An estimated 300,000 people attended the pro-unity demonstration in Barcelona © AFP

The Spanish government faced little resistance on Monday as it moved to cement control over Catalonia, after Madrid sacked the breakaway region’s ministers and set about running its institutions from Madrid.

Ousted regional leader Carles Puigdemont and the majority of his cabinet did not try to defy the exceptional measures imposed by Madrid by entering the Catalan government offices in Barcelona, although Mr Puigdemont did post an undated picture on his Instagram account from inside the regional government headquarters.

Spanish prosecutors are on Monday expected to start the process of pressing charges against Mr Puigdemont and members of his ousted government after the regional parliament on Friday voted to declare independence from Spain.

Also on Monday leaders of the main separatist parties held meetings to decide their response to elections called by Madrid on December 21, with signs they are leaning towards fielding candidates. Spanish ministers have said Mr Puigdemont could run if he was “not in jail”.

Madrid’s Ibex 35 index up 1.2 per cent, led by its Catalan-based banks, as investors reacted positively to the latest developments.

CaixaBank was up nearly 5 per cent and Banco Sabadell was 1.6 per cent higher. The yield on Spain’s benchmark 10-year government bonds also fell — down 7.4 basis points to 1.508 per cent — as investors bought the debt. That takes the yield back down to levels last seen in August.

Over the weekend Josep Lluís Trapero, who was removed as Catalan police chief, urged the regional force to comply with orders from Madrid. The new head of the police force was in Madrid on Monday to get new orders from the Spanish interior ministry.

Despite the sense of calm, Madrid cannot rest easy as it seeks to find a response to one of the biggest threats to Spain since it returned to democracy in the late 1970s.

It is still unclear how Catalonia’s estimated 200,000 public workers will react to the dismissals, and whether any will stay away from work in protest. Mr Puigdemont and other may also try and go back to work.

One sacked Catalan minister, Josep Rull i Andreu, did turn up to work as normal on Monday morning. “At my desk, carrying out the duties that I was tasked with by the people of Catalonia,” he tweeted before leaving his office 45 minutes later.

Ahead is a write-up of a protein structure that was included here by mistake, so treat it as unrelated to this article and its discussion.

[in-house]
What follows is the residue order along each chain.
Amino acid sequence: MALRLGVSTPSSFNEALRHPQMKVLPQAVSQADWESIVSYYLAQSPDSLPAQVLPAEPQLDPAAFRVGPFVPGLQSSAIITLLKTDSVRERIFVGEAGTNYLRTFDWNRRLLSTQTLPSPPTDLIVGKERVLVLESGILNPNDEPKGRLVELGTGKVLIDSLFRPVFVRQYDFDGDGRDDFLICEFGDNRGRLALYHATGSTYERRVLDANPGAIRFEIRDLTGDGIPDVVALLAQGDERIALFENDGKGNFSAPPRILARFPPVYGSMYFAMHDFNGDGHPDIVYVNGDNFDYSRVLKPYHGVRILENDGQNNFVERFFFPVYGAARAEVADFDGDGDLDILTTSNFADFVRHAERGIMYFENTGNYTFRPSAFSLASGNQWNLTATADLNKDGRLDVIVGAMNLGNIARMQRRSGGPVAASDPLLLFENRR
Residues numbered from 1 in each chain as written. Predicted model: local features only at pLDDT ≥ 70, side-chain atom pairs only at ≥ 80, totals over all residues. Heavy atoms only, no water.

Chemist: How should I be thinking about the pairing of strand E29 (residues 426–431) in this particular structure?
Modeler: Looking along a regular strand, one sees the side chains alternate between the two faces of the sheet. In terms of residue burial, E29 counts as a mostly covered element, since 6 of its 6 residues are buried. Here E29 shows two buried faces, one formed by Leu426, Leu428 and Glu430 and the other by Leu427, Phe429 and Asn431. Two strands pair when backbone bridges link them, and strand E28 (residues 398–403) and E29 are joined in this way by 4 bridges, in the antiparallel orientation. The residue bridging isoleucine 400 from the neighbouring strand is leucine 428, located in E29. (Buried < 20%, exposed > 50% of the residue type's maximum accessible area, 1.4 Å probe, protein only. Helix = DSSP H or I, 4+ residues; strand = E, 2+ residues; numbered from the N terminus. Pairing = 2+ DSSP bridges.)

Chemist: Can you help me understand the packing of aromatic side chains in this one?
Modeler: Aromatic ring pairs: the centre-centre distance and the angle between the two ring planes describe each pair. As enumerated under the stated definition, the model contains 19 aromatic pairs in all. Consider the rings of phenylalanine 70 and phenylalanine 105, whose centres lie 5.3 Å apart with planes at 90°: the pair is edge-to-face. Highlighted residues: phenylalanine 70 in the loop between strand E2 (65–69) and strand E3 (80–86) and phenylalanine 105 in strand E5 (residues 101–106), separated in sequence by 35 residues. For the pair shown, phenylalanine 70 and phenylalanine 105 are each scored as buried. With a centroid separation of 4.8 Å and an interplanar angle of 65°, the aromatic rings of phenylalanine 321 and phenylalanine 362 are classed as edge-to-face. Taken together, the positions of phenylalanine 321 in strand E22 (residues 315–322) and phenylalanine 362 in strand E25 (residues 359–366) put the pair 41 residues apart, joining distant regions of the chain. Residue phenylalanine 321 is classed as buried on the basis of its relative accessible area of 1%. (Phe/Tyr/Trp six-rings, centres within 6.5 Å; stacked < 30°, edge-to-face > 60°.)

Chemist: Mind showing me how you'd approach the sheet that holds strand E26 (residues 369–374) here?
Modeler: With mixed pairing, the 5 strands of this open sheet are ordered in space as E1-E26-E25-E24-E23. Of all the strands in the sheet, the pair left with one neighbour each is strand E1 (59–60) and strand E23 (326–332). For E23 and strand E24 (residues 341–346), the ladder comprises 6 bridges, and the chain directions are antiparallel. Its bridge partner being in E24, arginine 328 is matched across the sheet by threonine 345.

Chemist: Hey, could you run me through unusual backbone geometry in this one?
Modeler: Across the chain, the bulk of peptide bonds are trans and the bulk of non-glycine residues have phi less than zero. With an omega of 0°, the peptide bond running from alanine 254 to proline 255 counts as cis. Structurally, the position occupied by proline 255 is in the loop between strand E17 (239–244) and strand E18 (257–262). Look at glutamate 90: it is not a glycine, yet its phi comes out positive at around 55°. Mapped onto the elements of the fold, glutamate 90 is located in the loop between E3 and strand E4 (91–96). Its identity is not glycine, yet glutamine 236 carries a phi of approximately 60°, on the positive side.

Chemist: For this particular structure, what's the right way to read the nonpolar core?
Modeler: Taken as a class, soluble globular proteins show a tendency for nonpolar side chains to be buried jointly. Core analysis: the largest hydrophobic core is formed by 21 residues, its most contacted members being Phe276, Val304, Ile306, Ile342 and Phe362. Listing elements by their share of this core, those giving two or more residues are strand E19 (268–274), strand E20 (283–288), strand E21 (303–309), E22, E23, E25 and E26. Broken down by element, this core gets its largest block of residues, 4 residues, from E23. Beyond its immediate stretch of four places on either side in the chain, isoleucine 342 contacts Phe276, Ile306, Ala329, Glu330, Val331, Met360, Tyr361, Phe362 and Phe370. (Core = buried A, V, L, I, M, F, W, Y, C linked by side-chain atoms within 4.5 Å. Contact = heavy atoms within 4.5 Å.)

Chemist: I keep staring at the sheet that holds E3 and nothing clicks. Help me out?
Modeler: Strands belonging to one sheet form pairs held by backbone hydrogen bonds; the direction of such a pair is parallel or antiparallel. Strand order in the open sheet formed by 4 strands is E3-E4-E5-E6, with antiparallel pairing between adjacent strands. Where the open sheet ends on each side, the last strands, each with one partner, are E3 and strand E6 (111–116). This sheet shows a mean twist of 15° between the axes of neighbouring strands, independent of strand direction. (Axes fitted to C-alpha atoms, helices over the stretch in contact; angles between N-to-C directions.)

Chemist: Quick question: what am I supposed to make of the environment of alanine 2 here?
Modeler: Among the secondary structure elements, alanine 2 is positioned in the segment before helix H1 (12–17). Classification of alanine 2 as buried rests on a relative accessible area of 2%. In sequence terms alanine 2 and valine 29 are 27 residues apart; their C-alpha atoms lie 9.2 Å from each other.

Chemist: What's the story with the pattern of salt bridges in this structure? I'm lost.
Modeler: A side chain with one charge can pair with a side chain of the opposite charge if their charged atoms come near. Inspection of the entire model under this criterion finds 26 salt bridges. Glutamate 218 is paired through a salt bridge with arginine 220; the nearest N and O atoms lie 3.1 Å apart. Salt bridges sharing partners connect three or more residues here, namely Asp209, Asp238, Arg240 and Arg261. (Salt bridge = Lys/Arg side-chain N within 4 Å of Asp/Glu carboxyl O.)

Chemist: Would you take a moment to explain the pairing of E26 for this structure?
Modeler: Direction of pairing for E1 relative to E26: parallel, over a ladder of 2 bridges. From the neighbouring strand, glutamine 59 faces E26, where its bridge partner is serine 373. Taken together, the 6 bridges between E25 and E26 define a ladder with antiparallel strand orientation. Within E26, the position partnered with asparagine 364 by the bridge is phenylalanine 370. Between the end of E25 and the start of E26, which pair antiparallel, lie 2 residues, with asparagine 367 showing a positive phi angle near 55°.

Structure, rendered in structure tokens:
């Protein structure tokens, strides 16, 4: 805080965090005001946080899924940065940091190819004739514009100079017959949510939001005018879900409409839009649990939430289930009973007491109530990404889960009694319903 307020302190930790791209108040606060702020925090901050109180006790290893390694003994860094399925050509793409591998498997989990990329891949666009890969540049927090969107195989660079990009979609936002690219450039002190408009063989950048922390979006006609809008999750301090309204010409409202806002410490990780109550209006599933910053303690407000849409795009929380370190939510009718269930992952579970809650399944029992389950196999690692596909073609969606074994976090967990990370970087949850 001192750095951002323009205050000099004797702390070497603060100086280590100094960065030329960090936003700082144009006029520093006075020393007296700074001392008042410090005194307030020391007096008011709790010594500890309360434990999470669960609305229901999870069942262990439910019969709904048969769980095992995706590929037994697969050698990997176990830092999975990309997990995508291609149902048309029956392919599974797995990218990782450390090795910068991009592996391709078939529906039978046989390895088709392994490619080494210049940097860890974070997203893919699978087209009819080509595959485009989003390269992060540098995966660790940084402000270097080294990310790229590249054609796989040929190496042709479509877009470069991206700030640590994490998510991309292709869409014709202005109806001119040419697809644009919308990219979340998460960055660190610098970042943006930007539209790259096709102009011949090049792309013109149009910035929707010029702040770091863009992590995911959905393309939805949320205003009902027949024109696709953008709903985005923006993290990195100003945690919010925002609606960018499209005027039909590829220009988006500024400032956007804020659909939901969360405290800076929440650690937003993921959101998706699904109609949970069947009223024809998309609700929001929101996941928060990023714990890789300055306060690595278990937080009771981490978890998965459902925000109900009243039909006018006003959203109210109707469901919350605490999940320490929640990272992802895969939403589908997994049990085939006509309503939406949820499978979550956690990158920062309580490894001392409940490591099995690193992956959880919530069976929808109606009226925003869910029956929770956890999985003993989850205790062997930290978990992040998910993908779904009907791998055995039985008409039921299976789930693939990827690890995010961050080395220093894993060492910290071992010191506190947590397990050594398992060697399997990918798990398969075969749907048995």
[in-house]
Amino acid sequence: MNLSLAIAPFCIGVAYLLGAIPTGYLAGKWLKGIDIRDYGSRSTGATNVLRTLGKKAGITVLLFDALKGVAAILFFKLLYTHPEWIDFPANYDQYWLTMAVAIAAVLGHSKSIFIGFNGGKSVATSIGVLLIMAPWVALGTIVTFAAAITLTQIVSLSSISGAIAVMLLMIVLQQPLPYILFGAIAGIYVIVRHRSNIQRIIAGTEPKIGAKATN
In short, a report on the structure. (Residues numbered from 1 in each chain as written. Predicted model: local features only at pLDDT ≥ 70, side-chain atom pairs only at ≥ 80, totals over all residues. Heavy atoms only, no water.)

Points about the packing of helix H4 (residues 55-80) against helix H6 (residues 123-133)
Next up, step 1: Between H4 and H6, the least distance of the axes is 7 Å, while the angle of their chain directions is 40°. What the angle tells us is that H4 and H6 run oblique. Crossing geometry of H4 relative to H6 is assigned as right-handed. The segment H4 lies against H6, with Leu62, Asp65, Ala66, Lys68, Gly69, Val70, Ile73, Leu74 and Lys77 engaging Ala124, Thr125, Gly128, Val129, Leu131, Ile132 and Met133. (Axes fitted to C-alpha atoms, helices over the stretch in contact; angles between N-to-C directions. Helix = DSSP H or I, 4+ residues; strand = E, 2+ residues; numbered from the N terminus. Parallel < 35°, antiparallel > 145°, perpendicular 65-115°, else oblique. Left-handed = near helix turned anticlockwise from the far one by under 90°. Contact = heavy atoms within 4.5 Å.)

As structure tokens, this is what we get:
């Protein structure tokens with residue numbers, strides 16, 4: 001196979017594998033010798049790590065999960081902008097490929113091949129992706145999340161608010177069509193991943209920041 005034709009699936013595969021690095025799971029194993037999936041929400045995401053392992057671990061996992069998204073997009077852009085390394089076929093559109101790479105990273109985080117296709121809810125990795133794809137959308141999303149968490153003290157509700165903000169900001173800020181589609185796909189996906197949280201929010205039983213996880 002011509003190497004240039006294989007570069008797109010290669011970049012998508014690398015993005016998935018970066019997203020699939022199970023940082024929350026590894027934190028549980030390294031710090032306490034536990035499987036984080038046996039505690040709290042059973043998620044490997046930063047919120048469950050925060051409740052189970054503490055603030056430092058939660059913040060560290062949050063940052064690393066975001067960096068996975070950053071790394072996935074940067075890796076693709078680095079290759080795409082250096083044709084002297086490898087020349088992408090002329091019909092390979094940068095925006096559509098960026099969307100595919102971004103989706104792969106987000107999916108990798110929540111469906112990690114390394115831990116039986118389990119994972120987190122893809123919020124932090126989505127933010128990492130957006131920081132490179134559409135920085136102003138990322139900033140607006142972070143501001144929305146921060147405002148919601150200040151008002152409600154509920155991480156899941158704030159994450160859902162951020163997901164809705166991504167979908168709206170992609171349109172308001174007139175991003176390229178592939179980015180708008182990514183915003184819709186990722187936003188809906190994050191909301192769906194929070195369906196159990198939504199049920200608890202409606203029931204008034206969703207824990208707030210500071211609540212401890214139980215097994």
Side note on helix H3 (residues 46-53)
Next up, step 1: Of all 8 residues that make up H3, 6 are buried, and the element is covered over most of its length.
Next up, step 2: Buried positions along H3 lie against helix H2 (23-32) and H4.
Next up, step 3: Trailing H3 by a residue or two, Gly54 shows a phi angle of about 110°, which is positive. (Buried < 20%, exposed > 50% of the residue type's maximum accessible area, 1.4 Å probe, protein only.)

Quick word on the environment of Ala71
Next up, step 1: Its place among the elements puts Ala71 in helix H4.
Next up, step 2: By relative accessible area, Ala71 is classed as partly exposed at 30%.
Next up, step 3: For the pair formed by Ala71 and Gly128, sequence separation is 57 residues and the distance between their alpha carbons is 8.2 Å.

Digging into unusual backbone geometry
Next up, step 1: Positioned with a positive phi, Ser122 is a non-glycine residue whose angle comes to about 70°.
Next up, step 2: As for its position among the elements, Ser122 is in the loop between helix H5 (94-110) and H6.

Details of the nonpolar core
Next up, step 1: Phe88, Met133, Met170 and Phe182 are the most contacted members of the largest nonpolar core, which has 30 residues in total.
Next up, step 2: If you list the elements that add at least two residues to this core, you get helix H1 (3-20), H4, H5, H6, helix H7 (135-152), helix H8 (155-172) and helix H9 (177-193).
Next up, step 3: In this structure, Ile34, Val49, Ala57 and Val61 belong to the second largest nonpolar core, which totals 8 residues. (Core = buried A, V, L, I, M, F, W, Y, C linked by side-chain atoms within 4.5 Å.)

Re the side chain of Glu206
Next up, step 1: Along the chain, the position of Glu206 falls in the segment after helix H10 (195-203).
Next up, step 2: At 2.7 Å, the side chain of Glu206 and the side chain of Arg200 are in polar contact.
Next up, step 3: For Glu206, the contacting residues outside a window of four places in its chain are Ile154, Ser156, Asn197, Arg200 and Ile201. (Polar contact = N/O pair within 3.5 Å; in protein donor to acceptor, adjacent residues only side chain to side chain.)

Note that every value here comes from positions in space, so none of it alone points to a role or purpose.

Madrid is reportedly giving dismissed officials “a few hours” to collect their belongings but they could face legal action if they seek to return to work after being sacked.

Many ministers have said that they do not consider themselves sacked, including Mr Puigdemont. Carme Forcadell, speaker of the dissolved Catalan Parliament, turned up to work saying: “We continue to work.” Cèsar Puig, the former Catalan secretary-general, showed up at the interior ministry, said goodbye to a janitor and walked out again without carrying any personal belongings.

Some political observers believe that Mr Rajoy may have outmanoeuvred the separatists with his imposition of direct rule combined with a call for new elections in just eight weeks’ time.

Mr Puigdemont has called for “peaceful opposition” to direct rule but did not say whether he or others would offer resistance. Two leading Catalan unions issued a joint statement in favour of the elections and against resistance on the street.

On Sunday an estimated 300,000 people took part in an anti-independence demonstration in Barcelona, marching under banners that read “We won’t let Spain to be torn into pieces” and “The awakening of a silenced nation”.

A poll published by Spanish national newspaper El País on Saturday found that 55 per cent of Catalans opposed a declaration of independence by the region, with 41 per cent in favour.

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